One year ago, President-elect Joe Biden warned that Americans would have a “very dark winter” because of COVID. Now that he is president, Biden may give Americans a Valley Forge winter – a season that could be both brutally cold and bitterly expensive. That could produce a political disaster that surpasses all of Biden’s previous bungling.
At a CNN town hall in July, Biden declared, “The vast majority of the experts including Wall Street are suggesting that it’s highly unlikely that it’s going to be long term inflation is going to get out of hand.” After Wednesday’s federal report showing that consumer prices are rising more than 6 percent a year, the White House is changing its talking points. On Wednesday in Baltimore, Biden confided to an audience: “Did you ever think you’d be paying this much for a gallon of gas? In some parts of California they’re paying $4.50 a gallon.”
But Biden’s newfound sympathy for victims of high prices won’t warm any homes this winter.
Natural gas prices have jumped more than 180 percent since September 2020, and that will spur increases in electricity costs. Home heating oil prices have jumped 115 percent over the past year. Fuel oil is up almost 60 percent from a year ago. The federal government forecast last month that home heating costs could rise 54 percent this winter — but heating costs could actually triple, according to some private forecasts.
Biden promised to “do everything in our power to stabilize the supply chain,” one factor in the rising prices. But regardless of the promises by White House aides, Biden has no magic wand to fix the problem. Biden’s unemployment pandemic bonuses paid people not to work, spurring labor force disruptions across the nation.
Pervasive shortages of truck drivers and other occupations assure that the current problems will multiply. The federal Energy Information Administration warned last month that diesel stockpiles — used for home heating oil and other products — are at a 20-year low. “We potentially could see shortages in parts of the country unless the Biden administration treats this as the emergency that it is,” Fox News recently reported.
Biden administration officials are insisting that the surge of inflation is “transitory.” Treasury Secretary Janet Yellen promised last week, “I expect that next year, many of the supply bottlenecks that we’re experiencing now in opening up our economy will recede.”
But the Biden infrastructure bill that Congress just enacted is expected to worsen inflation for key supplies.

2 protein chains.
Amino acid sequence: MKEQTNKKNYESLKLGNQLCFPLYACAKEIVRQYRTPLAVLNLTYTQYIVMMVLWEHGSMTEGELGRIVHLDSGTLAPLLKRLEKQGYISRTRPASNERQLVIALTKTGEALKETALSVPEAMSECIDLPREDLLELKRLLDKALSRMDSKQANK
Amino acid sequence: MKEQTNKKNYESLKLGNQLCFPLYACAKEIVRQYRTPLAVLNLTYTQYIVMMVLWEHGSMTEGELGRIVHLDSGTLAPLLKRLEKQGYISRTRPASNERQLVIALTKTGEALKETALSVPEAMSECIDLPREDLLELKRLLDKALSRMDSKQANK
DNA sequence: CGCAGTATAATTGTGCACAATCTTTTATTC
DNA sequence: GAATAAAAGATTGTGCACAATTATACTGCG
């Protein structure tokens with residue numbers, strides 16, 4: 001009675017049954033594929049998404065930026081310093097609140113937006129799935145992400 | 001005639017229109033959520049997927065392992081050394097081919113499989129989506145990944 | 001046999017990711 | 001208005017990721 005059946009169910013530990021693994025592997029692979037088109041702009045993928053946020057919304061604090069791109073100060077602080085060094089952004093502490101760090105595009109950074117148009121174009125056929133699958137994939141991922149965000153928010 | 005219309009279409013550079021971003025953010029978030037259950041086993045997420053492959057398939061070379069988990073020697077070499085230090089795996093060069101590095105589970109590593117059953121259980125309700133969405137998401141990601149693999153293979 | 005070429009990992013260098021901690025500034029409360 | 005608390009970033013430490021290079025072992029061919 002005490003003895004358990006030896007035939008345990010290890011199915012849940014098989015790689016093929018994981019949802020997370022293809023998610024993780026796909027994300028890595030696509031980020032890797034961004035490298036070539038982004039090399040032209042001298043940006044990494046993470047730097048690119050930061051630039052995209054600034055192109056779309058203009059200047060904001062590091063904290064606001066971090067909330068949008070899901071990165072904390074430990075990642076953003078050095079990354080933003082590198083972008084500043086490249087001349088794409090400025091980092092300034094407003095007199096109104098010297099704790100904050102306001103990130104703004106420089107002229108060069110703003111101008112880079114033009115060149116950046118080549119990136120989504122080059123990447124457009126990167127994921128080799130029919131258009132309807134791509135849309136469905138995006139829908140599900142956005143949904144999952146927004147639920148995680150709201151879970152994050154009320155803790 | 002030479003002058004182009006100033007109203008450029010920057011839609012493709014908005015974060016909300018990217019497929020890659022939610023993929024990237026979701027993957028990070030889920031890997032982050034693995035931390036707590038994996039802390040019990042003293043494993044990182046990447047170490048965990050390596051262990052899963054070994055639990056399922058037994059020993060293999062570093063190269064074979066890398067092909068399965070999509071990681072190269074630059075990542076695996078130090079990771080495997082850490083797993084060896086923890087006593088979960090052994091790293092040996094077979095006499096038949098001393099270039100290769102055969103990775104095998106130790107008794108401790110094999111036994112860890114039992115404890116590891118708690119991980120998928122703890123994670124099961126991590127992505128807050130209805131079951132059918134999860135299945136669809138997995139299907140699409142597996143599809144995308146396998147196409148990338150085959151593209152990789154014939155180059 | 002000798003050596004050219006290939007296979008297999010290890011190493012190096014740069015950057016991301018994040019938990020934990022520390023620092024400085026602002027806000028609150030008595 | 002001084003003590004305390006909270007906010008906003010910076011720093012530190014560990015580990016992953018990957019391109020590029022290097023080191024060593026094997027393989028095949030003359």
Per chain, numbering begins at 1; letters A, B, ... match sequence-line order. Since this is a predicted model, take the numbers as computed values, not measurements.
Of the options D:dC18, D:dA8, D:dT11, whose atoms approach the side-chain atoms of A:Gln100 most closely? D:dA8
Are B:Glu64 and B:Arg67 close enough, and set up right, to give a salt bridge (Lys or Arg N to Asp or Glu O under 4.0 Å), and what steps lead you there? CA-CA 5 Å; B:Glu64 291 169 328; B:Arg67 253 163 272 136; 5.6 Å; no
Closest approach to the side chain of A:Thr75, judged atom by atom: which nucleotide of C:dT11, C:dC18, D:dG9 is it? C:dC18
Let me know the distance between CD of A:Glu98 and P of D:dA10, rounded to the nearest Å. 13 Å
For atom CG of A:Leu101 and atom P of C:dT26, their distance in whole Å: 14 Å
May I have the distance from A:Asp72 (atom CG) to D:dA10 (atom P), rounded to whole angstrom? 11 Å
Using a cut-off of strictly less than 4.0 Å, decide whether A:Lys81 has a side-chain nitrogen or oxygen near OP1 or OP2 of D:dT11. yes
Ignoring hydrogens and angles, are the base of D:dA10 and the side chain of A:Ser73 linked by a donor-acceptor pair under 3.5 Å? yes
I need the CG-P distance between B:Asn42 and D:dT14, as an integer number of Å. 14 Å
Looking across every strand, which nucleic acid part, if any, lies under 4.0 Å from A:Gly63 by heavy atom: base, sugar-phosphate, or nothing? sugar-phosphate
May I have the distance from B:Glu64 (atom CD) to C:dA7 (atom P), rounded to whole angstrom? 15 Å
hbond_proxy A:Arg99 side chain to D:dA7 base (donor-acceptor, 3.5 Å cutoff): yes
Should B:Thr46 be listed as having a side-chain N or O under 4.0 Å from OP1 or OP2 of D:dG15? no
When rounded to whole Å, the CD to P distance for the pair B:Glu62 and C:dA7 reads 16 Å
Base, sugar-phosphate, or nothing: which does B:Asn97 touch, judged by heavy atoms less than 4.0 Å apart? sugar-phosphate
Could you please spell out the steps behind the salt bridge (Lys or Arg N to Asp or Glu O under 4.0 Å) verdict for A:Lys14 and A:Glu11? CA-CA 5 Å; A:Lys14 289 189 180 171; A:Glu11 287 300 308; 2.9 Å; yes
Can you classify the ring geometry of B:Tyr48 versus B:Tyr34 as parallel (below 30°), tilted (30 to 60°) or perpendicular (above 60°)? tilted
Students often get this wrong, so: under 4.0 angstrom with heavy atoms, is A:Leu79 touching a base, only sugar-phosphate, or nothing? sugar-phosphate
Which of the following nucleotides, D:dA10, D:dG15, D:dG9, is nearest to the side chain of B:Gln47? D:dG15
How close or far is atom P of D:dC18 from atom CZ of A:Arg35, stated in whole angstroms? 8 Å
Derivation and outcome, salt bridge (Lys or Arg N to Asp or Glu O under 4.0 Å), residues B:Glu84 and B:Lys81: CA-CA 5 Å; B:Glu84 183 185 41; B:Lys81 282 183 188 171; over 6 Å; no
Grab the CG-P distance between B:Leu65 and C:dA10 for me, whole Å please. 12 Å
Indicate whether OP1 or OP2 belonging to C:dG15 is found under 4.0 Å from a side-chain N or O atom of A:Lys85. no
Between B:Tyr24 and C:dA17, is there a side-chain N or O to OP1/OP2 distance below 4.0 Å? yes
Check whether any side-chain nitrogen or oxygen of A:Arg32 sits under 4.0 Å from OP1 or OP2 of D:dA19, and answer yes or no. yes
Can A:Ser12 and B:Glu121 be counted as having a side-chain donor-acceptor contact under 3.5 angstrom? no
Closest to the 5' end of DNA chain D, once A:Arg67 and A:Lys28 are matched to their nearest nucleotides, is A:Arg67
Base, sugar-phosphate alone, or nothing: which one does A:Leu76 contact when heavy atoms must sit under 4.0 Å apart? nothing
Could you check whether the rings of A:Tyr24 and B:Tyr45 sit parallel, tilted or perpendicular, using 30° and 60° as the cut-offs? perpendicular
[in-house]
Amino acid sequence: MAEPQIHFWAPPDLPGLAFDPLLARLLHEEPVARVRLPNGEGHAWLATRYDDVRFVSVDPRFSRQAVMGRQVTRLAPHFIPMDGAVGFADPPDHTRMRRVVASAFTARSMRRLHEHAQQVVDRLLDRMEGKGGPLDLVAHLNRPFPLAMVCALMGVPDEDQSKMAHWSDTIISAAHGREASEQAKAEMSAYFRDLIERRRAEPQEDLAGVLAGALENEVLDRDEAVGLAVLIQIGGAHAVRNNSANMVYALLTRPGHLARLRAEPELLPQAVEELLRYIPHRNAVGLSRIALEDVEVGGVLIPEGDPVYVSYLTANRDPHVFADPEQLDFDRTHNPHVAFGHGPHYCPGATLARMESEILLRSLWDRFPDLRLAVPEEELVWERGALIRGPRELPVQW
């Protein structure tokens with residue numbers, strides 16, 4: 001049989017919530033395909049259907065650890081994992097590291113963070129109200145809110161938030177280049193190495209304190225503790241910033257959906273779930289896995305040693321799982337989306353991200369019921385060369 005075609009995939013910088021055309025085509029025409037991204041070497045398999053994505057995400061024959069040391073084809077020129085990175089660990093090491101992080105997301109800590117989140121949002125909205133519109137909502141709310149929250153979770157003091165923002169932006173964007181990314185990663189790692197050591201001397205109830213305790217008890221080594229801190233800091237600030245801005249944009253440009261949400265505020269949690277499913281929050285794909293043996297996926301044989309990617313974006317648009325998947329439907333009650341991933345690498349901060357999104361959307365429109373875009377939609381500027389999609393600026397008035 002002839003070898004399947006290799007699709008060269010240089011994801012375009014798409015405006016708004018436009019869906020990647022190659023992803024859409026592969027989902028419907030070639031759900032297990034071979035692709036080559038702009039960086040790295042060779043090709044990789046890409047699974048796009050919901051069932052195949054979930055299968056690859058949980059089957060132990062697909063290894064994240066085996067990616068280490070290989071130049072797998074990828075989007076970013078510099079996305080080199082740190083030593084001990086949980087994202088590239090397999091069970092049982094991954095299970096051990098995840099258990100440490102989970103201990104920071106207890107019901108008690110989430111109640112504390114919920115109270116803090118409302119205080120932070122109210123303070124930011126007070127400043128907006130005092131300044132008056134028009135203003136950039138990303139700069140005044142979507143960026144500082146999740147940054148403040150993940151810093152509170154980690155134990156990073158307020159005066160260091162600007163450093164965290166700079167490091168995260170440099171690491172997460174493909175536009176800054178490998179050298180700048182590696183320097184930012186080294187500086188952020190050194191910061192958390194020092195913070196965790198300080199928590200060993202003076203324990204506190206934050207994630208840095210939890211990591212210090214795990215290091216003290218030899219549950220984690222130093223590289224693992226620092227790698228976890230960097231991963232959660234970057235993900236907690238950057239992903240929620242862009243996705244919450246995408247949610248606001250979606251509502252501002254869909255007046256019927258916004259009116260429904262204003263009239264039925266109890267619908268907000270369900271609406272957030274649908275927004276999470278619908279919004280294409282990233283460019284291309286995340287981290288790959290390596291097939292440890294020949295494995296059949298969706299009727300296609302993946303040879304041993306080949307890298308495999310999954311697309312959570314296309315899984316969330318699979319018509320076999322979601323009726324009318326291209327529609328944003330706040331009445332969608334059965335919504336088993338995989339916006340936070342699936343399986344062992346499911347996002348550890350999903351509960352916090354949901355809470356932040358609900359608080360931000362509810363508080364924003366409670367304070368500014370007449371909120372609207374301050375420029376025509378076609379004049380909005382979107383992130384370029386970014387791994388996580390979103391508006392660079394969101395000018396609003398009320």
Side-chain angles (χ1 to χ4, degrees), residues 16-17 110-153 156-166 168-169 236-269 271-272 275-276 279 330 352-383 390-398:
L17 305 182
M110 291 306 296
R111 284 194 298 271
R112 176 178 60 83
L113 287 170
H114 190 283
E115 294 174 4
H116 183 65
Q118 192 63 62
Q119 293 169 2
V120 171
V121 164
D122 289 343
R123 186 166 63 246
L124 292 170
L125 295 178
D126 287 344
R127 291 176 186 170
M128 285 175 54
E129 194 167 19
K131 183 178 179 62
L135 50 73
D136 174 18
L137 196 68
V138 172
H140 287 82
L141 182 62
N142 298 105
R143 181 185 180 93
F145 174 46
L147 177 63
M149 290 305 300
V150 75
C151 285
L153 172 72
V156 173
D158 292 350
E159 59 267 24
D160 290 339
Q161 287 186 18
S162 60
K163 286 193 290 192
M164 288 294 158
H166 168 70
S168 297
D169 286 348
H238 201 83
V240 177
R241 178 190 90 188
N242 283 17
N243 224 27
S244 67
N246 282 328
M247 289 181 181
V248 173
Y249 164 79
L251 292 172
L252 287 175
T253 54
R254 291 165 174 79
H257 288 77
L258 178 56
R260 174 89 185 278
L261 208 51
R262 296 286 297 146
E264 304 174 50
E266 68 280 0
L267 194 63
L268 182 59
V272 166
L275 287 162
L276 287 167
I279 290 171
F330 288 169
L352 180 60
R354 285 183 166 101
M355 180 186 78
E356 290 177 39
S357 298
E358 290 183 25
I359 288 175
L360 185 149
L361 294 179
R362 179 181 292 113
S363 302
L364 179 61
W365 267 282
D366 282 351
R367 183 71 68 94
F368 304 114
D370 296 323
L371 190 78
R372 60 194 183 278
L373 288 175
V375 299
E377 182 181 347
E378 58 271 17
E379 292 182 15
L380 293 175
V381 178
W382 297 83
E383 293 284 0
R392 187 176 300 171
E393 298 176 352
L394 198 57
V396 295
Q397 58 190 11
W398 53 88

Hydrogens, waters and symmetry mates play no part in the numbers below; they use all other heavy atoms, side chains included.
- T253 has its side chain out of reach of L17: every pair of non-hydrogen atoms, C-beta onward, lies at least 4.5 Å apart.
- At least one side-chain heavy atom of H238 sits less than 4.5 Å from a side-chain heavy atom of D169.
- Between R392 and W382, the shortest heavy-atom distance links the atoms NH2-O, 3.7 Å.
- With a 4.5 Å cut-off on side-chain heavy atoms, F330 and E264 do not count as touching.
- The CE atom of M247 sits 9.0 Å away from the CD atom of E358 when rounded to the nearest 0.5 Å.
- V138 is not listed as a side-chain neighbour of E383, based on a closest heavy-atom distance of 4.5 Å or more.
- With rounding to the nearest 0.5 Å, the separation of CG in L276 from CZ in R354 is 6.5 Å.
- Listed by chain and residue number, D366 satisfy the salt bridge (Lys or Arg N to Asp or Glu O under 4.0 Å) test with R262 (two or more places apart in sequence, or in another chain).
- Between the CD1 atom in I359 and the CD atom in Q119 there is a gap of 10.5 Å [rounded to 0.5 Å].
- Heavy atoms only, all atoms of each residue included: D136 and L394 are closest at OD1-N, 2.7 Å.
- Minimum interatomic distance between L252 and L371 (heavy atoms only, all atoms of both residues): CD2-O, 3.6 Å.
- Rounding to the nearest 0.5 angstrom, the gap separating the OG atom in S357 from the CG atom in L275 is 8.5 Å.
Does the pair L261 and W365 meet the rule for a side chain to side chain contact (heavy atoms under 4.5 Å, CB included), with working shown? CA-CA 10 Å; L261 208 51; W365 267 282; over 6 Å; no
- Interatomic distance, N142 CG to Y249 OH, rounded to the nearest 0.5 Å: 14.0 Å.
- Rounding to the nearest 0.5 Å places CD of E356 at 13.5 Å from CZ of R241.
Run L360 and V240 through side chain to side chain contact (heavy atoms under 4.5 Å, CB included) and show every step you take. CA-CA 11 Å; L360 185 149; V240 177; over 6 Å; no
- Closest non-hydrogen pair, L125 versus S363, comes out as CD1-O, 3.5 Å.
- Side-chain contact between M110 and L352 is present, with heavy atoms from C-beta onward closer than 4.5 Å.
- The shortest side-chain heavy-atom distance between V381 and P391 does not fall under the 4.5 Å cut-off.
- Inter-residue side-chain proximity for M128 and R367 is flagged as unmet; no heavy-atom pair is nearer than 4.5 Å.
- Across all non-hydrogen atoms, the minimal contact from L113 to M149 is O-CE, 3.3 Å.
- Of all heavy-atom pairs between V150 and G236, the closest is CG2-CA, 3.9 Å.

Shortly before Biden was elected, America had finally achieved energy independence. But while Biden is talking tough against Vladimir Putin, US imports of Russian oil have soared this year. As the Institute for Energy Research reported last week, “Biden is asking for help from domestic producers without giving them back any of the tools he took away — the Keystone XL pipeline . . . a ban on new oil and gas leases on federal land and waters, and pressure on banks not to lend to the oil and gas industry.” At the same time that Biden is beseeching OPEC to boost oil output, “the Biden administration is sending a strong signal that American energy is not welcome,” the institute notes.
This mindset is epitomized by Saule Omarova, Biden’s nominee for comptroller of the currency, who graduated from college in the Soviet Union. Earlier this year, Omarova declared that “we want [oil and gas companies] to go bankrupt” in order “to tackle climate change.”
How many Biden appointees are willing to see Americans shivering in the cold this winter as long as they can boast of reductions in US emissions at the next international climate summit?
The Biden administration is far more enthusiastic on developing heavily subsidized offshore wind farms (despite their inefficiency) than permitting the private sector to continue fueling American homes and lives.
Biden said on Wednesday that he has ordered “the Federal Trade Commission to strike back at any market manipulation or price gouging” in the energy sector. But there is no federal fix for the problems Biden and other politicians continue creating. Biden is already being widely blamed for the surge in inflation. Soaring home heating prices will embitter citizens who once trusted Biden’s pledges for a smooth return to normalcy and prosperity.
For Biden and his allies on Capitol Hill, the bitter winter could last until the November midterm congressional elections — which could beget an Ice Age for the White House.
James Bovard is the author of 10 books and a member of the USA Today Board of Contributors.